Gist of Editorials : Hope With Concerns (The Hindu) | GS – III

In the final analysis, the growth rate depends on the investment rate and the productivity of capital or its inverse incremental capital-output ratio.

Relevance : GS Paper  III (Indian Economy)

    [1300 words reduced to 200]


Globally, the growth rate in 2018 was high but strong signs of a trade war emerged.

Situation of Indian Economy in 2018-19:

  • Rupee underwent a severe shock .
  • Agrarian distress accentuated.
  • India’s growth rate forecast at 7.4%.

Major concerns with Indian Economy:

  • INVESTMENT RATIO : The growth rate depends on the investment rate.
    • Solution:Raise investment ratio and keep capital-output ratio at 4.
  • BANKING SYSTEM:
    • Non-performing assets (NPAs) are at a high level.
    • 11 public sector banks are under PCA.
    • NBFC system is under stress.
    • Solution:
    • Recapitalisation of public sector banks.
    • More capital to banks outside the PCA framework
  • EMPLOYMENT GROWTH
  • inadequate growth of employment.
  • no correspondence between growth and employment.
  • Solution:
    • new investment needed for increase in employment.
  • EXTERNAL SECTOR
  • What happens in the rest of the world affects India’s growth.
  • Value of the rupee plummeted and capital outflows occurred.
  • Solution:
    • Strong growth in exports to manage CAD.
    • Contain some of our large imports.
    • A watch on India’s CAD is needed.
  • AGRARIAN DISTRESS
    • There has been fall in prices of agricultural products.
  • Solution:
    • Government should buy off the surplus.
    • Arrangements to procure and store are required.
    • Increasing productivity.
    • Increased output and better prices.
    • Consolidation of small landholdings.
    • Marketing of agriculture produce

 

Gist of Editorials: Powering South Asian Integration (The Hindu) | GS – III

A liberal trading regime is in India’s national interest. As India transitions to a power grid dominated by renewables, regional trade could prove useful in maintaining grid stability.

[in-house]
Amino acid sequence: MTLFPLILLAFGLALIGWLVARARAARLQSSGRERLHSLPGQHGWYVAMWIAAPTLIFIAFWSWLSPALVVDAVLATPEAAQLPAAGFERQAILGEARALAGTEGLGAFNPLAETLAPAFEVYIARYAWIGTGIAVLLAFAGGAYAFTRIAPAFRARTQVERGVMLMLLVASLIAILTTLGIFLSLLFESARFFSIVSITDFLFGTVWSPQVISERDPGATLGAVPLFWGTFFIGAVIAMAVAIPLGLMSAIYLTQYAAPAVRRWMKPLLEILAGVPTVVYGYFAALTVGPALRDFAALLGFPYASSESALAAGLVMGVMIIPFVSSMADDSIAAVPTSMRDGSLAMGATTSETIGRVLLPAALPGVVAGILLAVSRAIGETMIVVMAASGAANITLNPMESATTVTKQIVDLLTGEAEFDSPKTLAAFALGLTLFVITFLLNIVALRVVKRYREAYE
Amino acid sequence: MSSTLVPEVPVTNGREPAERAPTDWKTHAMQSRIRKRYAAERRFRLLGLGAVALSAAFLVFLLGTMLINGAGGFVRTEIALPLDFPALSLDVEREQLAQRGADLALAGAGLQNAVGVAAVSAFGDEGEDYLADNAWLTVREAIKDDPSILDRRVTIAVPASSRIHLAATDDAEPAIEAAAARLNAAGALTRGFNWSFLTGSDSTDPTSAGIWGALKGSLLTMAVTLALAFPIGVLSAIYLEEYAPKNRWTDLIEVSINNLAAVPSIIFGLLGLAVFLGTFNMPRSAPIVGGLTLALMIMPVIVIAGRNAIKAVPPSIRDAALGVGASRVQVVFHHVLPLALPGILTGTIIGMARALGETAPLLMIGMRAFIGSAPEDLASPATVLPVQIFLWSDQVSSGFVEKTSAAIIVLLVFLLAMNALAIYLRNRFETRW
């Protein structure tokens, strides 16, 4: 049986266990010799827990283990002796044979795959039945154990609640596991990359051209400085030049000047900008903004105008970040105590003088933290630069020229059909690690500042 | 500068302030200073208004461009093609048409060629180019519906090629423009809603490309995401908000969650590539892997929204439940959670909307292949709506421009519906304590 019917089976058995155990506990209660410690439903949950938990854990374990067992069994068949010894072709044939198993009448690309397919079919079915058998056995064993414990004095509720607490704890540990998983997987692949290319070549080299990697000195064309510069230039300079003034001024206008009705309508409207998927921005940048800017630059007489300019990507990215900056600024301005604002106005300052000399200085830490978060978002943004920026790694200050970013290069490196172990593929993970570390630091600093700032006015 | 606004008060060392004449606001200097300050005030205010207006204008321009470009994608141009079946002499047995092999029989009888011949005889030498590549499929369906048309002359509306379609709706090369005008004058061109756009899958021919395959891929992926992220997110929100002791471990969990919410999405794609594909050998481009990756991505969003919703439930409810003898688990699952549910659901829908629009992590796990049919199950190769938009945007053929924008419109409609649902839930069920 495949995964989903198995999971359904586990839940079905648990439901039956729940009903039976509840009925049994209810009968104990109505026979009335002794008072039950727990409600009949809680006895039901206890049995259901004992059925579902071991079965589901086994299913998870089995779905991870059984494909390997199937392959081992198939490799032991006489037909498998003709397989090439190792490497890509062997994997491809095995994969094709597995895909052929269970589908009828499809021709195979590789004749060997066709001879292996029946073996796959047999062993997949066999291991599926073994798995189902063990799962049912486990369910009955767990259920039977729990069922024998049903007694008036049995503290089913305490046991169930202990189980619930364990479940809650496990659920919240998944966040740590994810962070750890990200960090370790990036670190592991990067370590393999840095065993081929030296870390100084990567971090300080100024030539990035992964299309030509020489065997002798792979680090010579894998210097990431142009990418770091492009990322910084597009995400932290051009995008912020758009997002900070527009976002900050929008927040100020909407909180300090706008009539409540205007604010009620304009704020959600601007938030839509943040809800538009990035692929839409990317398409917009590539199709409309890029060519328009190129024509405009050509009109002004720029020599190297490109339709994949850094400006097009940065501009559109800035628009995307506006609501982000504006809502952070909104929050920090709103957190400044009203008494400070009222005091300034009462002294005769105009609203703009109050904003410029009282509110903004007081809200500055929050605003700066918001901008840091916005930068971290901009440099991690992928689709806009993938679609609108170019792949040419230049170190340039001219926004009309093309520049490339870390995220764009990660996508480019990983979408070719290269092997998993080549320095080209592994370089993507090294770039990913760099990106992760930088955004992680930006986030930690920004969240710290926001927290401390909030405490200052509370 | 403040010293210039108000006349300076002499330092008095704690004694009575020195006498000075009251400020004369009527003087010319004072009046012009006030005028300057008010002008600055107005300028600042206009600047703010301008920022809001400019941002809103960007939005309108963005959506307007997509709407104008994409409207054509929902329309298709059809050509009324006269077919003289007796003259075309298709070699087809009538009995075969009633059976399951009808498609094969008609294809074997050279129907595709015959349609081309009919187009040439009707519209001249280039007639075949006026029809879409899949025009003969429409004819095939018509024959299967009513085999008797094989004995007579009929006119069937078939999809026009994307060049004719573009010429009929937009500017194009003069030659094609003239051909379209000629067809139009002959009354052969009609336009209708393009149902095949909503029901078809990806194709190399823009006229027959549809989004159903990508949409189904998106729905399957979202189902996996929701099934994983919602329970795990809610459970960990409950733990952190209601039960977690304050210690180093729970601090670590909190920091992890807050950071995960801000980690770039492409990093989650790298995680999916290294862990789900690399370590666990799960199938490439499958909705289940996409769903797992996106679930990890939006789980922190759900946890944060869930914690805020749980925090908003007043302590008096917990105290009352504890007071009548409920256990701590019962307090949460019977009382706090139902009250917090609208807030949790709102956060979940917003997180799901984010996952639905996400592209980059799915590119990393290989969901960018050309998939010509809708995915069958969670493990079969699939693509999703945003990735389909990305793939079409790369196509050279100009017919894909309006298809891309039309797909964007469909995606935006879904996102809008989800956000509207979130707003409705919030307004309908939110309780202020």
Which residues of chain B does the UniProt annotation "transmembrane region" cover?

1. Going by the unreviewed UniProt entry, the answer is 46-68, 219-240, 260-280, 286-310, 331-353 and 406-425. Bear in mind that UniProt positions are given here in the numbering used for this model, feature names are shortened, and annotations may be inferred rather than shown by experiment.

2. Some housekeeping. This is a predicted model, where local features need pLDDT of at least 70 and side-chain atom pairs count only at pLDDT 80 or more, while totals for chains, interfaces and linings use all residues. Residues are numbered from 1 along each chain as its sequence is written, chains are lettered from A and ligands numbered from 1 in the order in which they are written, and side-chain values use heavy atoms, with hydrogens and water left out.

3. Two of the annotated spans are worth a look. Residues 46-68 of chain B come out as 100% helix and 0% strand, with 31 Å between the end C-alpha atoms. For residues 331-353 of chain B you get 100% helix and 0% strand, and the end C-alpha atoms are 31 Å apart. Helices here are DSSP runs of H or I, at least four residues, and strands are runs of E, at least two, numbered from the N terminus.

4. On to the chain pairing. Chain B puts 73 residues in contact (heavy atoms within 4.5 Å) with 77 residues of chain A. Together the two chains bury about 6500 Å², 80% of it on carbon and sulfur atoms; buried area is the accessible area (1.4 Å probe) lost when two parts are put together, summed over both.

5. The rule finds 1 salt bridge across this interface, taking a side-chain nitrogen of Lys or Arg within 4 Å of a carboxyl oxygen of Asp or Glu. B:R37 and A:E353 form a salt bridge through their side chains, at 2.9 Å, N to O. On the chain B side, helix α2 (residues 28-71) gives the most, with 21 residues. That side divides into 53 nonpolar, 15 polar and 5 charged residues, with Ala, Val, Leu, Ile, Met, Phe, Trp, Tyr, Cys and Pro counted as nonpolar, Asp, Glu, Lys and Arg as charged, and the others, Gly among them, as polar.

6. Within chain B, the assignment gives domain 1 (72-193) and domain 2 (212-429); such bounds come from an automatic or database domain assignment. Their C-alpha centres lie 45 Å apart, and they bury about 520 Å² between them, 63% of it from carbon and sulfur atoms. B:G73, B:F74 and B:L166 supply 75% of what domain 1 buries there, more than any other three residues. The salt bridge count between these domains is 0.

Relevance : GS Paper II , III (International Relation)

[1000 words reduced to 200]


Govt has set the rules for the flow of electricity across South Asian borders.

Significance of this Policy

  • It is a concession to India’s neighbours.
  • It is a response to pressure from neighbours to drop trade barriers.
  • India has signalled that it is serious about working with neighbours .

The idea of cross -border energy  flow

  • It was driven by India’s need for affordable power
  • It took shape in 2014 with the signing of the SAARC Framework Agreement for Energy Cooperation.

The Erstwhile Roadblock

In 2016, govt  issued guidelines that prevented anyone other than Indian generators in the neighbouring country from selling power to India. This caused worry in Nepal, Bhutan and Bangladesh.

Benefits of the New Guidelines

  • A liberal trading regime is in India’s national interest.
  • Regional trade could prove useful in maintaining grid stability.
  • A wider pool of generation sources could help India achieve a greener grid.
  • The new guidelines can help creation of a true low-cost regional market.

Way Forward

  • Regional institutions for management of electricity trade are required.
  • The political vision to create this must be maintained.

Gist of Editorials: Integrating The Island (Indian Express )|GS – II

The PM’s immediate political motivation may be seen as part of the BJP’s strategy to claim the non-Nehruvian legacy of the Indian National Congress.

Relevance : GS Paper II 

   (International Relations and Internal Security)


Recently, PM visited the Andaman and Nicobar Islands.

Historical significance of Andaman Islands

  • They were the site of contestation between European colonial powers.
  • Britain occupied the islands at the end of the 18th century.
  • After the Second World War, the Andamans became marginal to the new geopolitics.

Present geopolitical significance of Andaman Islands

Today as a rising China projects its power into the Indian Ocean, regional balance would necessarily involve the development of the Andamans.

 

  • Cooperation between India and its major strategic partners required over Andamans.
  • Promoting economic development, integration with the mainland, strengthening military infrastructure, regional connectivity of Andamans.
  • Preserving the pristine environment of the Andamans and protecting its vulnerable indigenous populations.

Gist of Editorials: The Bilateral Transformation (The Hindu) | GS – II

During the last decade of Ms. Hasina’s tenure as Prime Minister, high-level Bangladesh-India engagement has intensified.

Relevance : GS Paper II (Indian Economy)

[1200 words reduced to 200]


There has been  victory of Sheikh Hasina in Bangladesh elections.

India-Bangladesh Relations In Recent Times

  • Bangladesh has emerged as a key interlocutor in India’s ‘Act East Policy’.
  • In Bangladesh, domestic political consensus, has emerged in favour of close ties with India.
  • Bangladesh denied support to Indian insurgent groups.
  • Bangladesh is India’s largest trading partner in South Asia .
  • The Padma multipurpose bridge will enhance connectivity with India.
  • Waterways are also being revived to reduce the cost of trade.
  • Bangladesh has provided for faster Internet connectivity in India’s northeastern States.
  • India has become a partner in Bangladesh’s nuclear power programme.